Foreign Policy + Feminism = ?

Foreign policy is usually defined in "masculine" terms: arms trade, intervention, war, sanctions, and MAD (mutually-assured destruction). But what would international relations look like if food security, family planning, and workplace equity were also centre pieces of foreign policy? Four women — all with experience in foreign policy — explore possible answers to these questions. Moderated by Eva Salinas, Elmira Bayrasli, Lauren Dobson-Hughes, and Lamia Naji were featured in a public forum held at Ryerson University in April 2018.
Federica Mogherini, High Representative of the European Union for Foreign Affairs and Security Policy, visits the Kutupalong Refugee Camp in Cox's Bazar, Bangladesh, November 19, 2017. (Mohamamd Ponir Hossain/Reuters)
Listen to the full episode39:04

Foreign policy is usually defined in "masculine" terms: arms trade, intervention, war, sanctions, and MAD (mutually-assured destruction). But what would international relations look like if food security, family planning, and workplace equity were also centre pieces of foreign policy? Four women — all with experience in foreign policy — explore possible answers to these questions. Moderated by Eva Salinas, Elmira Bayrasli, and Lauren Dobson-Hughes were featured in a public forum held at Ryerson University in April 2018.

The words "foreign policy" and "feminist" aren't often paired together. But what if they were? What would a feminist foreign policy actually look like? For one, it would entail a dramatically different set of priorities. Potable water, female genital mutilation, climate change, land tenure — the foreign policy landscape would be transformed.

But there's considerable resistance, according to Lauren Dobson-Hughes — especially when it comes to issues that are seen somehow as no-go areas for feminist perspectives.

So the economy is just 'neutral', just a thing. It's not [seen as] gendered. When you start talking about like sovereign loans, World Bank restructuring, capital flight, private equity subsidization... that's all 'gender neutral', and that's just systems and finance and economists. And sometimes you feel like it's a bit like, 'Don't worry your pretty little head about it — the men will sort this one'.- Lauren  Dobson-Hughes

Things can escalate from patronizing to vicious. Elmira Bayrasli heads an organization in New York called Foreign Policy Interrupted. She's also been a presidential appointee in the U.S. State Department. She's heard the criticism that finding women foreign policy experts is hard, that there aren't very many of them, that women are disinclined to "raise their hands" and get involved.

I know from having raised my hands many times before. I get not only criticized, I actually get I get death threats and I get threatened with violence. I have gotten threatened with rape.- Elmira Bayrasli

Hostility within foreign policy circles is matched by unconscious bias, or even blindness, outside of them, particularly when foreign policy is talked about in the public. Barasli's agency did a study looking at the foreign policy and national security experts on nighttime cable and Sunday talk shows in the United States: "In 2014, 2015, 2016, the percentages were about 24 per cent women. And then the rest overwhelmingly white men."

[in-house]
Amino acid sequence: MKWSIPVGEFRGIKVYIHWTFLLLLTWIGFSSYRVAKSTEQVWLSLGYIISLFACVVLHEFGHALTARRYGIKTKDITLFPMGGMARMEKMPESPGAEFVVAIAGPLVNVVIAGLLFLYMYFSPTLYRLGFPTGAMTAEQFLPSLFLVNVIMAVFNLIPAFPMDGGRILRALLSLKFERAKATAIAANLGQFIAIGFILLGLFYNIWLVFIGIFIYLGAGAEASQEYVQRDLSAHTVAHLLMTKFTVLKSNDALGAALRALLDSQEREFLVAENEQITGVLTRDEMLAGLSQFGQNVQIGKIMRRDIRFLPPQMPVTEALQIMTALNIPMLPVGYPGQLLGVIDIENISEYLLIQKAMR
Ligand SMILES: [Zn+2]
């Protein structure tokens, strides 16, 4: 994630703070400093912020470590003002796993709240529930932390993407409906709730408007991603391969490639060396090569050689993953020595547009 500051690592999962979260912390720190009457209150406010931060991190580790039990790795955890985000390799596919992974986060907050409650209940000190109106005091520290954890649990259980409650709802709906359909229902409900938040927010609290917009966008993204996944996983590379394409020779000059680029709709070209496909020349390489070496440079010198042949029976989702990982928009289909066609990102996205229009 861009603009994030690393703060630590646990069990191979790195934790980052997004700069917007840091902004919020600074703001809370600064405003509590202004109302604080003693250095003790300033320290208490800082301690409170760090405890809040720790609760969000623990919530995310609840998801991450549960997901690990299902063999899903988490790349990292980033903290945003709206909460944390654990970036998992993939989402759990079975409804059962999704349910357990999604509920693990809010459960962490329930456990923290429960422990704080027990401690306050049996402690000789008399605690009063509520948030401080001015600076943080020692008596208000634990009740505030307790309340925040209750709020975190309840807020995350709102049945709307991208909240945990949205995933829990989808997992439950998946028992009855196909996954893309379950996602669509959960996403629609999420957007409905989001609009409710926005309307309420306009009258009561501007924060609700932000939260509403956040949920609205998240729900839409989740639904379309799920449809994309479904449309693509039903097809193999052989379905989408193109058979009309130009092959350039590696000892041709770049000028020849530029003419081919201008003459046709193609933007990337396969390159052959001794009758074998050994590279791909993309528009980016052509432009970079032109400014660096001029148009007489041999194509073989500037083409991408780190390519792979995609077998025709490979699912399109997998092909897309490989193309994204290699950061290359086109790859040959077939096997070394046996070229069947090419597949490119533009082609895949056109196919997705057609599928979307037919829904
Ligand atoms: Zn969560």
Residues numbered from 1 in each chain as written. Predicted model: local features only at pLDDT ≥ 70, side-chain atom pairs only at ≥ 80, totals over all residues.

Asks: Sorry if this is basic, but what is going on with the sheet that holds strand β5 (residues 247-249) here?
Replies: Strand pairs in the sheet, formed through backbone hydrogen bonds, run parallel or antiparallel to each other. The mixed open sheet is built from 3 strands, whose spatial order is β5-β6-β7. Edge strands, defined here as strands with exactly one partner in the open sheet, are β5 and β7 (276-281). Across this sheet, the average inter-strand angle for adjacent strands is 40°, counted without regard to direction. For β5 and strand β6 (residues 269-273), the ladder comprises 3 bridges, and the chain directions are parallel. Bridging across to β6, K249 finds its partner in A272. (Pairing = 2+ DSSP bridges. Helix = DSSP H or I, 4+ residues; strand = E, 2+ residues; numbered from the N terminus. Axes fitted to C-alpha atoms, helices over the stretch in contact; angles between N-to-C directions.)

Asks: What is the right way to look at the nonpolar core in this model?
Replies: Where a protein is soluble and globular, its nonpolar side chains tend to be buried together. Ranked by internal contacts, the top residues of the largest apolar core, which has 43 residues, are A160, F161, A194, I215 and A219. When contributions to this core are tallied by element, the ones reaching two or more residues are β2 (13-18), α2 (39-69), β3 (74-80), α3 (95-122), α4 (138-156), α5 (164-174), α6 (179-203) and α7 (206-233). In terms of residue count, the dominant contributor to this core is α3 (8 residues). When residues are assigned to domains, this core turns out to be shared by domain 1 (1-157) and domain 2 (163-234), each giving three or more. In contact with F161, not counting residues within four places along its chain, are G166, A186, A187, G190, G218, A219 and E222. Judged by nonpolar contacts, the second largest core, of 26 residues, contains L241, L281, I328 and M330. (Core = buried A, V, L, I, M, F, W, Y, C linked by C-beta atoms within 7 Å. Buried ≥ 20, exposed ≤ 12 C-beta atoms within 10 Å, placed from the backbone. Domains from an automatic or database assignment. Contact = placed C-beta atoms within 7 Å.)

(Foreign Policy Interrupted)

Going back to 1996, and analyzing major newspapers in the United States, like The New York Times, Washington Post, the Wall Street Journal, the LA Times, the numbers, Baysrali says, are abysmal: "The numbers do increase from 1996 to 2006 to 2016 at increments of about 8 per cent. So… we're not going to actually get to gender parity until about 2040. I'll be in my mid-70s by then."

But defining what is meant by feminism is fraught territory in and of itself. Who gets to decide what it means? Or how it should be inserted into foreign policies? And in the workaday world of just getting the job done, tensions can arise among women when race isn't acknowledged.

Lauren Dobson-Hughes is a consultant specialising in advocacy for gender, international development and global health. 0:39

However nascent the movement to recast foreign policy in feminist terms may be, there are potential benefits that could affect the entire state of geopolitics. According to Lauren Dobson-Hughes, "Peace agreements that mention women and [which have] women at the negotiating table have a 35 per cent increased chance of success over five years — a third increase chance of success just literally by having a woman at the table. Imagine what we could do if like women were mainstreamed throughout?"

Guests in this episode:

  • Eva Salinas moderated the panel discussion. She's the managing editor of OpenCanada.org. She previously served as editor of The Santiago Times in Chile and worked for The Financial Post, Journalists for Human Rights, and the Globe and Mail Vancouver bureau.
     
  • Elmira Bayrasli is the CEO and co-founder of Foreign Policy Interrupted. She is the author of From The Other Side of The World: Extraordinary Entrepreneurs, Unlikely Places and a professor at Bard College's Globalization and International Affairs Program. From 1994-2000 she was presidential appointee at the U.S. State Department. Her work on foreign policy issues has appeared in Reuters, Foreign Affairs, Washington Post, Quartz, Fortune, Forbes, CNN, NPR, BBC, Al Jazeera, The Wall Street Journal, and The New York Times.
     
  • Lauren Dobson-Hughes is a consultant specialising in advocacy for gender, international development and global health. Formerly Executive Director of an international development organization, she has background in politics and government relations in both Canada and the UK. She is also past President of Planned Parenthood Ottawa.

     

​**This episode was produced by Greg Kelly with assistance from Tiffany Lam.

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